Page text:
Tips for getting into an industry

October '17

This article aims to provide some ideas and tools to help new and current students.


1 Gain Real life experience

  • This can vary greatly depending on the industry so make sure you do your research on what is useful for your chosen industry
  • Volunteering 
  • Internships
  • Develop projects - use your imagination. Pick a topic and develop a project that relates to your proposed line of work. Business majors can write reports, developers build websites, and engineers draw up plans or build a product. Portfolios of work apply beyond traditional design industries. This is incredibly useful and tangible for now and years to come. 


2 Networking

  • Coffee is a key. Not only is it delicious, it’s a great (and cheap) method to network. If you’ve made it past the initial introduction - coffee is a great way to further it. Make sure you write down takeaways you want to gain from the meeting before hand and do your research on the company they work for. 
  • If you want to keep it broad, highlight the information about the industry that you know. 
  • Make the effort to go to somewhere convenient for them. 
  • Follow up with an email thanking them for the time they took. 
  • Add them to LinkedIn.


3 Perfect your elevator pitch

  • Develop this as early as possible - while you’re researching, studying or before you’ve made a move. 
  • Introduce yourself
  • Your background and/or experience
  • Connect the dots
  • What you’re trying to get into (this can be changed to the person you’re speaking to)
  • Practice it as much as possible, the more you use it, the more comfortable you are delivering it
  • Have a short and longer version
  • Don’t labour it with industry jargon - keep it natural


4 Utilise LinkedIn 

  • Spend some time fixing up your profile. Change your settings to disable notifications of updates
  • Find and follow groups and media publications that are related to your desired industry (as well as others you’re interested in). Facebook also has an abundance of information groups based on industries, ask to join them.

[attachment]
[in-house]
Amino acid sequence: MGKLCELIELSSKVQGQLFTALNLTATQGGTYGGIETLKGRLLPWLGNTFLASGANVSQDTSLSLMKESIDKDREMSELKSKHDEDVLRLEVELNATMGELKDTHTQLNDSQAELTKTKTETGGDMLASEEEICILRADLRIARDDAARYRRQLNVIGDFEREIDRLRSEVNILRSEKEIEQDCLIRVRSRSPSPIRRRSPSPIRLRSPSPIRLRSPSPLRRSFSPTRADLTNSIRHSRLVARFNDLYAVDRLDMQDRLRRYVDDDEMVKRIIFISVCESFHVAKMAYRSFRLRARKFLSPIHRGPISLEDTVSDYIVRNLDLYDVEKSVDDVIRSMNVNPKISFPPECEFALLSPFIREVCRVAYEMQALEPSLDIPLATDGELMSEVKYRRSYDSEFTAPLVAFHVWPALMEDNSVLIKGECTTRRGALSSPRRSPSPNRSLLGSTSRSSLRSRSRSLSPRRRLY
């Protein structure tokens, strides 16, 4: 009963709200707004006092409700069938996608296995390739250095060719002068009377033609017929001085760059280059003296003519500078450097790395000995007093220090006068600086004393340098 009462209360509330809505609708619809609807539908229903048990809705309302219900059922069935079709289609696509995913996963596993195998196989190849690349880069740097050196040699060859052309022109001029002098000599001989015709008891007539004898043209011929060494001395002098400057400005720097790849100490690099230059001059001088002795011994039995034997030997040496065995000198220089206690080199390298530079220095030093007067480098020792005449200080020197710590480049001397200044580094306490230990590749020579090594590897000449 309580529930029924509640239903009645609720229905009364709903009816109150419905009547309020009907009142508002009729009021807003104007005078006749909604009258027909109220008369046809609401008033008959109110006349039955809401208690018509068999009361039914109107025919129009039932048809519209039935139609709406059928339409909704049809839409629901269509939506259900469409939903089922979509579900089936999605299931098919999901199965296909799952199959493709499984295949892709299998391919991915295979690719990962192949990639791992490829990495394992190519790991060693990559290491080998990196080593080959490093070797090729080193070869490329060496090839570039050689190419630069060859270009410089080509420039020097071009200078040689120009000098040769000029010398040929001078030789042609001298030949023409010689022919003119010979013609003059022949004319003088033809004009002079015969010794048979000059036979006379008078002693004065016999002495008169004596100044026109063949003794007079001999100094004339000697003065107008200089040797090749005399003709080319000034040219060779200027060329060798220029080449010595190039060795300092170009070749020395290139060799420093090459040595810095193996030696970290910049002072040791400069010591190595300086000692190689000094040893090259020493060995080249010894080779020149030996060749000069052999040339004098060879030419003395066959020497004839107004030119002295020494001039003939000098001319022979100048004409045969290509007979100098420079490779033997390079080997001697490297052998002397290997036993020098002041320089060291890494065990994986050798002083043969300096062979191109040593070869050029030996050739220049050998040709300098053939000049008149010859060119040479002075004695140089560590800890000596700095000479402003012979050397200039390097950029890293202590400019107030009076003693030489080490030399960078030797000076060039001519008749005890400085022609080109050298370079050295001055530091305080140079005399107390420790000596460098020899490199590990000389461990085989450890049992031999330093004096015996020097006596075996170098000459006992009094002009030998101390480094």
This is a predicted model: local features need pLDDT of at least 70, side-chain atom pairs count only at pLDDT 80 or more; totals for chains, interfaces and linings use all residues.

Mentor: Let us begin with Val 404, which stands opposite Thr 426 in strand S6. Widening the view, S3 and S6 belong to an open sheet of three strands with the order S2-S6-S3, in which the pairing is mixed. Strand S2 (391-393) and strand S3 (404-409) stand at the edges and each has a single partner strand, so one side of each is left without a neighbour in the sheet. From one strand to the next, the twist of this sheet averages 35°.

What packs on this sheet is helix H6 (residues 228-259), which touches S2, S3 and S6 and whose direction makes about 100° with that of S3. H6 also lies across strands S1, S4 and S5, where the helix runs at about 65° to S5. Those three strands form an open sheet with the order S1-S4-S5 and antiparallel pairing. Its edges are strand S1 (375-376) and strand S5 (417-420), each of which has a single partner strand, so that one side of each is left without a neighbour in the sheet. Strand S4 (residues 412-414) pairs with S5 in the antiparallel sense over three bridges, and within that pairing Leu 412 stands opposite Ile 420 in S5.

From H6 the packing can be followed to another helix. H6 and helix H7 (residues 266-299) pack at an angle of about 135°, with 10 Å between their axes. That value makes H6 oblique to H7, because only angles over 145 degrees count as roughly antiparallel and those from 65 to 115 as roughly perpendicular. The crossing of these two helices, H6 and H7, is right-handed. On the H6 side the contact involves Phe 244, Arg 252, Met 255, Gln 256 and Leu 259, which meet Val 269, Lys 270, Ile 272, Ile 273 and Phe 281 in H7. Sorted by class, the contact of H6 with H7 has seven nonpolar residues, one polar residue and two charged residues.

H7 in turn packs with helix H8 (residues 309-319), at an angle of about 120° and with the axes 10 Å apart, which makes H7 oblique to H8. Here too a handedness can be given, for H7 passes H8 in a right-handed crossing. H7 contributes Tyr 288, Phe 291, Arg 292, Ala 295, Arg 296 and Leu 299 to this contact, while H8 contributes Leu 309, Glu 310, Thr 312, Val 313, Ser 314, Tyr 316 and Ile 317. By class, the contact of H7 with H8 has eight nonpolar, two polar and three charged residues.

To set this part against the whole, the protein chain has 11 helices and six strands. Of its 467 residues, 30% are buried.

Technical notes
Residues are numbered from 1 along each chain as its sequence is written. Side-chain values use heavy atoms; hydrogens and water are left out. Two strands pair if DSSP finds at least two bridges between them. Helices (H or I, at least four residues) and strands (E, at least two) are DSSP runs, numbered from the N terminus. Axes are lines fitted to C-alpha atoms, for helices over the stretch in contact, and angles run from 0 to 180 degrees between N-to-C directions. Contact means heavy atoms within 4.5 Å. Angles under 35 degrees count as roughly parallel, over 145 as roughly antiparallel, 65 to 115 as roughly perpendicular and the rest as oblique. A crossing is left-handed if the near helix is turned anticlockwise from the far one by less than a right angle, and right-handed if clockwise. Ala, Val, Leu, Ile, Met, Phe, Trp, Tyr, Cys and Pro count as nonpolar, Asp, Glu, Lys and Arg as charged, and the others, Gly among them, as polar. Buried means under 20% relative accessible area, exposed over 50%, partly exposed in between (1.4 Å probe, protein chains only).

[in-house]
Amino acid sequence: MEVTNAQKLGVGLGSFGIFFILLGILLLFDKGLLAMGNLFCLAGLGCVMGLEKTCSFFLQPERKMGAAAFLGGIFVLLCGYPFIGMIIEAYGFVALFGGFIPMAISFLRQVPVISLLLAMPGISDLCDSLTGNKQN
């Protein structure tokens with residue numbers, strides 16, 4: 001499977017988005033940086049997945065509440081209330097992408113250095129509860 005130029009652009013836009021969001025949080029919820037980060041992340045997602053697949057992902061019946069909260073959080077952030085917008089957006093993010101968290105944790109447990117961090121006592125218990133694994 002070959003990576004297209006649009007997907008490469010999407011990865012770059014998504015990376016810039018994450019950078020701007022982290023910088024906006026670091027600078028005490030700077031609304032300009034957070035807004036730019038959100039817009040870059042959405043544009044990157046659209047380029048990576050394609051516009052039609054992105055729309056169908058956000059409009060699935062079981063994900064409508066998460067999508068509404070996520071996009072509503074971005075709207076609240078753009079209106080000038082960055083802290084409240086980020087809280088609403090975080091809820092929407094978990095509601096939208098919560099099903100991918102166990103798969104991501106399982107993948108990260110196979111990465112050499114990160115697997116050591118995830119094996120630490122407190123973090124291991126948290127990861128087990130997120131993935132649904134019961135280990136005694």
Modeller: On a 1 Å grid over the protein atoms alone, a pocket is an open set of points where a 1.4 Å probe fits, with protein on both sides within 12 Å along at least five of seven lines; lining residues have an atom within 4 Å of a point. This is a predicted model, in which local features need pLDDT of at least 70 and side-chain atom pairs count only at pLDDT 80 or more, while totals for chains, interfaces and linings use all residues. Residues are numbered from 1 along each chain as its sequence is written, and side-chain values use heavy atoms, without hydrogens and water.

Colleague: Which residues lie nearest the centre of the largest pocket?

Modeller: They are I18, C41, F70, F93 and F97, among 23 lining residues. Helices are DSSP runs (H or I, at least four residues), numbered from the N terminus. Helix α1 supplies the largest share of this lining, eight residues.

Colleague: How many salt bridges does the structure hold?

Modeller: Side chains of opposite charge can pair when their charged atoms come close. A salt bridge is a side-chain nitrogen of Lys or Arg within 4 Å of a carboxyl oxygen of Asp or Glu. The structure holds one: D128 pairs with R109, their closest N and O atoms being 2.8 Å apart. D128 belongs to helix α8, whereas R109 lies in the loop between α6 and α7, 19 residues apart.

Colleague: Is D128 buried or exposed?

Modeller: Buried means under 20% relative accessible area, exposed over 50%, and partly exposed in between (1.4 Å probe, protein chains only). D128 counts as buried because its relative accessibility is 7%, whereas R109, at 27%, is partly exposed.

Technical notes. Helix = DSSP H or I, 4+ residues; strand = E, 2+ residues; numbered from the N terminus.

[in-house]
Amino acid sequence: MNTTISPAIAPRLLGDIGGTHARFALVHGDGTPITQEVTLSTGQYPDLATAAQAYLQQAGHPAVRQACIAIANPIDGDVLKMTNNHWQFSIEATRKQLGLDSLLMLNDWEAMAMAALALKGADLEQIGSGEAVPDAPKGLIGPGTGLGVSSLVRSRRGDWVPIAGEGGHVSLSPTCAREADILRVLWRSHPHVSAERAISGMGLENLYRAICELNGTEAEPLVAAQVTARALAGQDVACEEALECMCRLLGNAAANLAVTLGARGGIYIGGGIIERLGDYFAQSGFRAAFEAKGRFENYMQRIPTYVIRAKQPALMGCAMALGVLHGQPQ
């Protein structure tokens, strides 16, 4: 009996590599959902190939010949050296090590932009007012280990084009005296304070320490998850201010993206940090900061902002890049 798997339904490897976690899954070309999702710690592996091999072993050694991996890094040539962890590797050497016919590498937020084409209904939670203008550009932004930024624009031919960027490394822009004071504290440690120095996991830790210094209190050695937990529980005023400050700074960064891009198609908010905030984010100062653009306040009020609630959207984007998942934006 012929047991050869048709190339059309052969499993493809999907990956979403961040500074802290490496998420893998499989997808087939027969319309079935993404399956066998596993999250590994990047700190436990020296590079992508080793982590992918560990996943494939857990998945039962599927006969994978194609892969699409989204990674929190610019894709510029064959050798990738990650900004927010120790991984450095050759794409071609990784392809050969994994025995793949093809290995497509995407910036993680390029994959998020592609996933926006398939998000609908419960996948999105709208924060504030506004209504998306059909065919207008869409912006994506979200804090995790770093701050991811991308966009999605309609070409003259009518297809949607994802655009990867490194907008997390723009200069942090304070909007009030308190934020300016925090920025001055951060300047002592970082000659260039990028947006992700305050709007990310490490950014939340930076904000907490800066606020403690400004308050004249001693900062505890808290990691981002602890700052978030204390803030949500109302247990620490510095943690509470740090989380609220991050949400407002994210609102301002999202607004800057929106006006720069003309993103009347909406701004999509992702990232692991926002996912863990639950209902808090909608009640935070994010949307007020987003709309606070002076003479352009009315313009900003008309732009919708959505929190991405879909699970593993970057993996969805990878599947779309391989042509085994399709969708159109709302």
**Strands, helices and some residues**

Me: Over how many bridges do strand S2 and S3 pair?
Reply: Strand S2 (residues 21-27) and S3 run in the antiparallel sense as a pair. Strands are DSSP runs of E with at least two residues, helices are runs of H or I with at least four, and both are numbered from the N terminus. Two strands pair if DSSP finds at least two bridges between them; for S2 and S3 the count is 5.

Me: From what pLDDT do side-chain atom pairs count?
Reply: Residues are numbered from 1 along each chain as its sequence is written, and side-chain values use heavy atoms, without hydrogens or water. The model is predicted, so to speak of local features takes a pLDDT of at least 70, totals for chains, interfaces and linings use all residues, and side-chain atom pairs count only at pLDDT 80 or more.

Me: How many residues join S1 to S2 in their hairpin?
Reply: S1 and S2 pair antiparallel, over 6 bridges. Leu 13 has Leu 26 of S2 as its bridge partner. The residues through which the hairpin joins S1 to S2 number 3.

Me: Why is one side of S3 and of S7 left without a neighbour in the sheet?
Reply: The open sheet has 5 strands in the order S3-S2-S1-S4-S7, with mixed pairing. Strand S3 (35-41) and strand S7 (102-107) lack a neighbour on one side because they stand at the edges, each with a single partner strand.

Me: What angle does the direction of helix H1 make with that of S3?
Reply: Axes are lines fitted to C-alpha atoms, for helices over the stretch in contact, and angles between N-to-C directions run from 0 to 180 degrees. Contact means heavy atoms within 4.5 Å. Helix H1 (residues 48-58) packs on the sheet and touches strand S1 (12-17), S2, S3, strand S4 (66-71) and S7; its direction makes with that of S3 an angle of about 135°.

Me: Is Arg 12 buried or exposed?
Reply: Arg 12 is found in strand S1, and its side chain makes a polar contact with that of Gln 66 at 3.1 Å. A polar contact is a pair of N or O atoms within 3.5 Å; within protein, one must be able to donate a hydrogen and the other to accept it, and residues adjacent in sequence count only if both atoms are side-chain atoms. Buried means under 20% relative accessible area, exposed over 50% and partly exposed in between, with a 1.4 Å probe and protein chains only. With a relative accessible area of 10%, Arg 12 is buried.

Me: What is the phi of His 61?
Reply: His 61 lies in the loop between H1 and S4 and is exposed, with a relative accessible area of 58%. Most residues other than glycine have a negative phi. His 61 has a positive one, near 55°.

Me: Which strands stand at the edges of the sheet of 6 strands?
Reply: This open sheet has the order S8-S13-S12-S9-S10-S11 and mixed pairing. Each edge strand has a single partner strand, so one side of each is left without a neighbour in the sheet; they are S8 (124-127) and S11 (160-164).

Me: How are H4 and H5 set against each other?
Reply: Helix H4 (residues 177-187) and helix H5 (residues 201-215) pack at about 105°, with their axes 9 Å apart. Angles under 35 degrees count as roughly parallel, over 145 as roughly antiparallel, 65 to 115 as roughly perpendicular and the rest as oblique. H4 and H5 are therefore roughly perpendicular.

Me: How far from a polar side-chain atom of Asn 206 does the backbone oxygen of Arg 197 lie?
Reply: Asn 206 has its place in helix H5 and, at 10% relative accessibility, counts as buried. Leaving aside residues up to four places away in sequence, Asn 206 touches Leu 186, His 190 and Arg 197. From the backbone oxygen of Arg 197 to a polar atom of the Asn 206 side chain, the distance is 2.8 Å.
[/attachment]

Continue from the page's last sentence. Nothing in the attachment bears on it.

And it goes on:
• You might think you don’t know anyone in an industry, but it’s worth exploring to see whether there are 2nd or 3rd degree contacts in the industry. 
  • Look up companies and explore industry groups. 
  • Like and comment on relevant topics
  • Add people on LinkedIn but make sure you write an personalised invite. 


5 Attend Networking Events / Meetups 

  • Meetups certainly apply to some industries more than others, but with the increasing breaking of barriers in most industries, you should be able to find */insert industry name/*-tech. 
  • If there’s nothing directly, look for industry body events. 
  • Look up key speakers, sponsors and attendees to do further research on. 
  • Feel free to add these people onto LinkedIn. 


6 Apply for jobs (obviously!)

  • Consider summarising your resume to ONLY 1 Page. If Elon Musk can do it…
  • People reviewing a pile of resumes spend very little time going into the detail that you’ve put in, so keep it short, succinct and well formatted. 
  • Edit your resume to directly address the job that you are applying for
  • Always write a cover letter.


7 Utilise Internal and external recruiters

  • Some larger companies have career acquisition specialists. These people specialise at recruiting talent into their respective organisation. Often these are the people that will receive a brief from a department looking to hire. They will likely vet candidates. If a job ad doesn’t include a name, see if you can find this person and address your cover letter to them personally.
  • External recruiters. I think they are a great and often unique gateway into an industry. They will have more contacts than most within the industry. They will deal with contacts that you don’t and know sectors and companies that are growing that you don’t.


If networking isn’t your thing, you’re definitely not alone. If it helps, put on a hat or hoodie when typing out an invite or introductory email. If you’re going to an event, don’t be afraid to go alone. Not knowing anyone else puts you in a much more likely scenario to meeting new people than clinging to someone else. Pretend you’re the host of the event and approach people and conversations appropriately. 


If you do see someone you know, try not to gravitate to them the whole time. Don’t be afraid to add people on to LinkedIn that you’ve met. Always add a note when you invite someone - and try to add a follow up for a coffee. 


While there are an enormous amount of tips out there, most of the time, it’s going to involve rolling up the sleeves and grinding away at it.



Andy - study101

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